BreakingModern – Everybody knows that HBO’s massively popular show Game of Thrones is based on a book series by author George R.R. Martin. And whether you’re a card-carrying Comic-Con nerd or not, you probably know that AMC’s The Walking Dead originally came from a comic book. In fact, many of the shows you enjoy undoubtedly came from the printed page. Expect this trend to continue next year and beyond. Here’s a handy roundup of movies and TV shows based on best-selling novels that are scheduled for 2016.
One of the most anticipated book-to-screen adaptations on the horizon is The Name of the Wind, the first volume in Patrick Rothfuss’ Kingkiller Chronicles. The author recently wrote on his blog that the film option on his series had expired (right around the time of San Diego Comic-Con in July). Immediately after his announcement, Rothfuss was approached by a riot of studios that wanted to nab his series.
Long story short, Lionsgate won the bidding war and plans to create a movie, a television series and a video game based on Rothfuss’ books. The series includes The Wise Man’s Fear and multiple novellas such as The Slow Regard of Silent Things.
Rothfuss is well known for his ability to craft words to paper and weave an intricate tale. Before he came along, however, Terry Brooks led elves and dwarves through magical forests in his stunning Shannara series. For many years fans have been begging Brooks to allow his fantastical series to be licensed. And now it’s finally happening as a television series. Brooks will be working with MTV to bring his story to life. A stellar cast has already been assembled which includes Manu Bennett (as Allanon) and John Rhys-Davies (as Eventine Elessedil) and Austin Butler (as Wil Ohmsford). For the record, the sneak peak trailer looked brilliant when it was previewed at SDCC.
When Lev Grossman’s The Magicians hit bookstore shelves in 2009 it received critical acclaim for its grit and the way it allowed its characters to be flawed (they were all miserable jerks). Grossman is a self-depreciating author with a dry wit and sarcastic humor, but the tales he tells come from a place of truth and learning. Working with the syfy network, the series will take a look at Quentin Coldwater’s life as a brilliant grad student enrolled at Brakebills College for Magical Pedagogy and his relationships with fellow students. The series is set to launch in January 2016.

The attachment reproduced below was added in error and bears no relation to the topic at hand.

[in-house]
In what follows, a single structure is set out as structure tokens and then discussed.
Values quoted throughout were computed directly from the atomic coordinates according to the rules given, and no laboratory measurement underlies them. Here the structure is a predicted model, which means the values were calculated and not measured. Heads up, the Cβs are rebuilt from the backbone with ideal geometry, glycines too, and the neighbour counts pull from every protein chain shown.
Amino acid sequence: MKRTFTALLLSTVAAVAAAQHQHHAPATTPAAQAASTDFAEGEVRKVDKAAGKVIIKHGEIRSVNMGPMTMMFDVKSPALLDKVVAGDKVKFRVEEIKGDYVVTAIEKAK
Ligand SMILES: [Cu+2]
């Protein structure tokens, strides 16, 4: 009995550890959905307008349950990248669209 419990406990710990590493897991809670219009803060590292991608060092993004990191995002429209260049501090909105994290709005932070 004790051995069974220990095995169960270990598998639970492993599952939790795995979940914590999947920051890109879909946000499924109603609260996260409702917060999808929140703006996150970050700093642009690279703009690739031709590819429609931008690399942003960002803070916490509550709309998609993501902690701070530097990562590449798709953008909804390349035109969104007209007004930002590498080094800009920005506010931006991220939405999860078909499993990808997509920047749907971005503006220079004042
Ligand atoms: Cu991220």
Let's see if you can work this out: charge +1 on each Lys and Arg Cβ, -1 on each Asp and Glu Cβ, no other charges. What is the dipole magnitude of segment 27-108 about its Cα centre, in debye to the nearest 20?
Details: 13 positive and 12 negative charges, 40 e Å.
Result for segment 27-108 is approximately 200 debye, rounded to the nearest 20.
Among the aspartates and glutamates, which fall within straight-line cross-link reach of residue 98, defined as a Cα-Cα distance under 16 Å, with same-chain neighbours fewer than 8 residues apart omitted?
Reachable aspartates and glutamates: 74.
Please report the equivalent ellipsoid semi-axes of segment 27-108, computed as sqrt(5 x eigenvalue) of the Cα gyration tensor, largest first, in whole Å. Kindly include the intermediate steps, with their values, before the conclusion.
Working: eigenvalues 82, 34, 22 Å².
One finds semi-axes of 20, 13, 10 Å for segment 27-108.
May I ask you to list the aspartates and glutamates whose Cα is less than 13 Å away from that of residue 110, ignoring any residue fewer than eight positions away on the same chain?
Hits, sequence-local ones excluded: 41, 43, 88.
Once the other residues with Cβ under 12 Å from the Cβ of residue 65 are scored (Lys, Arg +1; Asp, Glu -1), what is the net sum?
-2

Despite lukewarm reviews of the movie adaptation of The Mortal Instruments, Cassandra Clare’s series is set for a revival on the small screen. Clare’s novel focuses on a girl who discovers that she is a demon hunter in a magical (and invisible) world. Clare will be working alongside Freeform (formerly ABC Family), and the series is set to launch in May.
Another brilliant book that hasn’t been adapted to the screen yet is Neil Gaiman’s American Gods. The story follows a man named Shadow who is approached after his release from prison to act as a bodyguard. Shadow’s journey leads him into a war-torn world of dying gods. Fans will be pleased to learn that Gaiman is writing the pilot script. And the project is currently being developed by cable station Starz.
J.K. Rowling’s tale of magical creatures called Fantastic Beasts and Where to Find Them is slated for a November 2016 release date. It will star Eddie Redmayne (as Newt Scamander) and Katherine Waterston (as Porpentina Scamander). Other notable books to hit the big (and small) screen in 2016 include: The Jungle Book by Rudyard Kipling (April), The BFG by Roald Dahl (July), The Lost City of Z by David Grann (TBA) and The Chronicles of Narnia: The Silver Chair by C. S. Lewis (also TBA).
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